Top Brands Play a Dangerous Game with Poor Lead Response

Customer Experience
Customer Experience
If brands hope to maintain engagement and convert leads, marketing and sales professionals must actively pursue said prospects with speed and diligence to prevent potential customers from defecting to the competition.

Brands are constantly investing time and money into advertising and customer acquisition, yet in many instances, they fail to act upon leads, thereby missing valuable opportunities to convert promising prospects into lucrative customers.

As Velocify's recent "Fortune 100 Online Buyer Experiences: A Study of Seller Response" report highlights, even the largest companies across America typically neglect to respond to said online inquiries appropriately, essentially throwing away potential profits and opportunities. The study explores how the top Fortune 100 companies are adapting their sales processes to address changing buyer behaviors and expectations, and how poor lead response can devastate an organization's bottom line and propensity for growth.

In an effort to determine whether or not these major brands follow the industry's best practices, and how they are adapting their strategies, Velocify conducted its own experiment by searching for each company's online sales inquiry form on their websites. (Only 62 of the 100 companies offered the appropriate forms.) Each form was then completed on three unique occasions to indicate interest and request further information or follow-up. Inquiries were submitted during work hours to ensure sales representatives would be available, at which point each brand was then allowed 22 days to respond. Once completed, Velocify measured each brand's success against four KPIs: speed-to-call, speed-to-email, number of call attempts, and number of emails sent.

The following statistics examine precisely how close these brands adhere to industry standards and how the resulting strategies ultimately impact customer relationships:

  • Overall, 33 percent of buyer inquiries didn't receive one single seller phone call, while 12 percent of said inquiries didn't receive a response of any kind, email included. Only 46 percent of all leads received at least one phone call and one email.
  • Of the 67 percent buyer inquiries that did receive phone calls, the average first call wait time was 3.5 days. Yet, while 23 percent received an initial call within days, 20 percent only waited hours, 15 percent received their first call in less than an hour, and nearly 2 percent were contacted in less than one minute.
  • While more than 10 percent of leads received an email within seconds of submitting their Web inquiry, about 20 percent received an email within minutes, more than 20 percent received an email hours or days later, and 13 percent didn't received an email for weeks.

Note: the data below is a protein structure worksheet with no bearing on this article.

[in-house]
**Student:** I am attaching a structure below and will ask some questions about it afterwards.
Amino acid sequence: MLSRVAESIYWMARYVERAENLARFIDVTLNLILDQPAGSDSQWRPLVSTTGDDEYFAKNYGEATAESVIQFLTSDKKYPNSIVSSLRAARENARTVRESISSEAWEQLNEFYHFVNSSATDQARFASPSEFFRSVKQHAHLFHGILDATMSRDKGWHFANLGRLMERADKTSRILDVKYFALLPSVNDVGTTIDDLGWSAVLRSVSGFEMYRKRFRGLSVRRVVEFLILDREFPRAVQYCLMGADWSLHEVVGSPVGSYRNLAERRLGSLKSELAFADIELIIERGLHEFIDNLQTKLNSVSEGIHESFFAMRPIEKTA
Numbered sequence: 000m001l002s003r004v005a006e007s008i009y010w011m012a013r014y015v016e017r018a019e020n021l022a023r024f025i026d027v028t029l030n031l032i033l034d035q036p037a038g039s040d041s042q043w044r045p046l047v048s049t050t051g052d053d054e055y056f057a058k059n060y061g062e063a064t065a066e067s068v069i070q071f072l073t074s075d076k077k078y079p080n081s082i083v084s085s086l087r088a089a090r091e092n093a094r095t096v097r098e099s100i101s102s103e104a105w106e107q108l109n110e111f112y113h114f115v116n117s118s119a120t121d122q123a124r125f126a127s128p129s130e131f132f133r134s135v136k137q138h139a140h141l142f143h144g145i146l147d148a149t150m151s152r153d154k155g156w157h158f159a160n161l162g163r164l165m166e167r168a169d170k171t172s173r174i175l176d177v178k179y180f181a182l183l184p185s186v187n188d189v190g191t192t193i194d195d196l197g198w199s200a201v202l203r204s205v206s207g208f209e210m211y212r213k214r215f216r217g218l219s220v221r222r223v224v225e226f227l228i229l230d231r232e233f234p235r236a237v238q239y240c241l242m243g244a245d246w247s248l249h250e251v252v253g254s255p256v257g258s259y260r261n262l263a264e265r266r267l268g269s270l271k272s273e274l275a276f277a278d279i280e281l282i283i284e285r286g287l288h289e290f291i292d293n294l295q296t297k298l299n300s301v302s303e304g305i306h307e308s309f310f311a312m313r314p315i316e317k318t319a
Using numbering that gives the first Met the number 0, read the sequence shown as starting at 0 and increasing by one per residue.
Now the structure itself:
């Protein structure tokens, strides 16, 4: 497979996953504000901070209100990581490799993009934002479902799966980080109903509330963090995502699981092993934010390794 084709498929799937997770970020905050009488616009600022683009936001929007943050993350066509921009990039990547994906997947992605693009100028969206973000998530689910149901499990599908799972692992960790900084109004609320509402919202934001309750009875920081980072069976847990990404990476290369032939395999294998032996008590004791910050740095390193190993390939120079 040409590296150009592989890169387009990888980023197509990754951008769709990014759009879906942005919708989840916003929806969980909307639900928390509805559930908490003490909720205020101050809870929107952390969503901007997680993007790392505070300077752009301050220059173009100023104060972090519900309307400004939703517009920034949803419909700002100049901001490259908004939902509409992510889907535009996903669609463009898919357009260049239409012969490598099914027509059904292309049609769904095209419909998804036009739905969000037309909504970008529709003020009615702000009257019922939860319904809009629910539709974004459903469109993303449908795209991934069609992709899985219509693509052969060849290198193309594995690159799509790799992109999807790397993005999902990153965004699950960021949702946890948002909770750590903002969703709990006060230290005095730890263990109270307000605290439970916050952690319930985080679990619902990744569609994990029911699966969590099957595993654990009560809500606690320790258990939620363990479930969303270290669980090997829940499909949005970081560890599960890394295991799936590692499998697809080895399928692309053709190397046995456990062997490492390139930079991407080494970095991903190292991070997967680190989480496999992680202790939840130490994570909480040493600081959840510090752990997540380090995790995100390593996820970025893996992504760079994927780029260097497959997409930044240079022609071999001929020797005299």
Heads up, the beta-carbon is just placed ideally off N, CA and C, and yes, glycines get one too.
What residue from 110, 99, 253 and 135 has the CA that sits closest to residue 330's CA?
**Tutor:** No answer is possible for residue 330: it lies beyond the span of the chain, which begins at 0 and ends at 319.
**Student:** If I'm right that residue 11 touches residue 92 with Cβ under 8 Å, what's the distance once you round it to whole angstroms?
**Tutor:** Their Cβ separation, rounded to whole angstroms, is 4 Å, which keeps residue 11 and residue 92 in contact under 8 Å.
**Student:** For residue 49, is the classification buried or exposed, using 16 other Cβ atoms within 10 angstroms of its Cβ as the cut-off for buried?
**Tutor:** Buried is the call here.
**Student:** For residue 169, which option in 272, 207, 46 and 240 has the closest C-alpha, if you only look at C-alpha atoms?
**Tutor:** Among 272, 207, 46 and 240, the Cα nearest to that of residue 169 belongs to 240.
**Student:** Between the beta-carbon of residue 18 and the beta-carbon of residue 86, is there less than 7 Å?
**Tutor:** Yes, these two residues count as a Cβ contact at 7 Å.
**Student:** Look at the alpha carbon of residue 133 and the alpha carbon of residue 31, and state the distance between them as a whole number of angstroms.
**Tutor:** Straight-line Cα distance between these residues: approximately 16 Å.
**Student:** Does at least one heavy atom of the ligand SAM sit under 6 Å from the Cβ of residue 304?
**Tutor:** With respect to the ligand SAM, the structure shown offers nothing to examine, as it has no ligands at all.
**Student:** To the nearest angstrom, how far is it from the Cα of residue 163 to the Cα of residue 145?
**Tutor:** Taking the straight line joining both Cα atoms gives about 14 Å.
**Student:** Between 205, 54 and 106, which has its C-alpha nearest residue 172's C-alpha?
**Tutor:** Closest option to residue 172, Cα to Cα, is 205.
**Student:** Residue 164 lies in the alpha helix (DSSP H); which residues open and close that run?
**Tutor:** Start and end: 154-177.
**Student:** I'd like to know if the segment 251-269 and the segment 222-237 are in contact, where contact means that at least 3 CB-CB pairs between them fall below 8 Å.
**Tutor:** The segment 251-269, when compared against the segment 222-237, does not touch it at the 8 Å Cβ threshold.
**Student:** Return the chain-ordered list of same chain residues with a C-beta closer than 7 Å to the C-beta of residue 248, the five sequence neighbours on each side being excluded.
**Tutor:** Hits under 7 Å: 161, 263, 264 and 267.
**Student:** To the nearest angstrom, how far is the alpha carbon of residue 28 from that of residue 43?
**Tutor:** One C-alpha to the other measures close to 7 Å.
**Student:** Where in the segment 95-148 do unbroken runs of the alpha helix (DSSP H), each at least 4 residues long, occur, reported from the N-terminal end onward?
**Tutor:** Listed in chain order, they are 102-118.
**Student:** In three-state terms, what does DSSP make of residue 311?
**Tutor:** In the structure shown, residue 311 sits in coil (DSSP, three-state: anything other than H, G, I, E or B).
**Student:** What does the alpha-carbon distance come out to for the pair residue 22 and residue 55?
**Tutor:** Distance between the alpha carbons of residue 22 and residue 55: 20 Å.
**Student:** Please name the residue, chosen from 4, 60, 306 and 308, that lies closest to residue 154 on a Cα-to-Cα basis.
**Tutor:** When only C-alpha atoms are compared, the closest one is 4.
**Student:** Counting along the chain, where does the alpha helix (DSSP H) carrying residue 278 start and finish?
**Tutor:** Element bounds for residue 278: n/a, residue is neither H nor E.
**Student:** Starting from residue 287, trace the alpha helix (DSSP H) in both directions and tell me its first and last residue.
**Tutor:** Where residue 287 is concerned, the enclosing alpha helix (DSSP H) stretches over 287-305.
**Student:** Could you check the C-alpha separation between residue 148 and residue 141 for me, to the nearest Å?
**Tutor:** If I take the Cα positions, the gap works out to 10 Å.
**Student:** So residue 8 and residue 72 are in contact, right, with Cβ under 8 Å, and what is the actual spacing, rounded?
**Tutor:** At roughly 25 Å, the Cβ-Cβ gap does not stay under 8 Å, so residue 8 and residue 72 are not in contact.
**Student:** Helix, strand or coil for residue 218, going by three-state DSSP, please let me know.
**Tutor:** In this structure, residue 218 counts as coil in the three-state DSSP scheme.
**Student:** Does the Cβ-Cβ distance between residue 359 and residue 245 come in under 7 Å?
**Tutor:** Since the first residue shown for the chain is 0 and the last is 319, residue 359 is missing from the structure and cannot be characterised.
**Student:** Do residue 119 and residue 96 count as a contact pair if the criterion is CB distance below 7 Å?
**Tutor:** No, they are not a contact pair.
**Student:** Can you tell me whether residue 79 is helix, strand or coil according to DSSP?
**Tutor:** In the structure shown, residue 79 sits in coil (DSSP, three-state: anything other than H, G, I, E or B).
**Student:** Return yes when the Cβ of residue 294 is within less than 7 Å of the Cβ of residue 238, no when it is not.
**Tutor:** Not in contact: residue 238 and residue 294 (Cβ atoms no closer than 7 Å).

• Previous Velocify research states that 93 percent of all converted leads are contacted by the sixth call attempt, yet this study demonstrated that 80 percent of leads were either completely ignored or received too few calls. Only about 10 percent of all inquiries received the optimal number of calls (between five and seven) before the seller gave up.
  • Though prior Velocify research claims that the optimal number of emails to send before placing leads into nurturing campaigns is five, less than 7 percent of the companies observed were close to that goal, emphasizing that they may give up too quickly. However, 90 percent were sending too few emails, while 2 percent were sending too many emails, which can be equally as detrimental to engagement and the bottom line.

Key takeaway: According to previous Velocify research, attempting to contact leads within one minute of their Web inquiry submission boosts the likelihood of conversion by 391 percent, for the longer the prospect must wait to hear from the seller, the less likely they are to engage, inevitably turning to the competition for assistance. But said established companies have much to learn and gain by reevaluating their current lead response strategies. Not only will speed drive growth and conversion rates, but quick response will also communicate the brand's willingness and ability to be equally responsive to and supportive of customers' future needs as they arise. If large companies don't make the move to streamline their strategies and align their goals soon, smaller competitors will gain the advantage as they work to respond to inquiries diligently and efficiently. If buyers show interest, there's no need for the brand to play hard to get, as these prospects are enthusiastically seeking further information. Instead, companies should actively strive to connect with the prospects who've reached out in order to ignite the sales process and propel both the buyer and the brand into the next stages of the customer experience.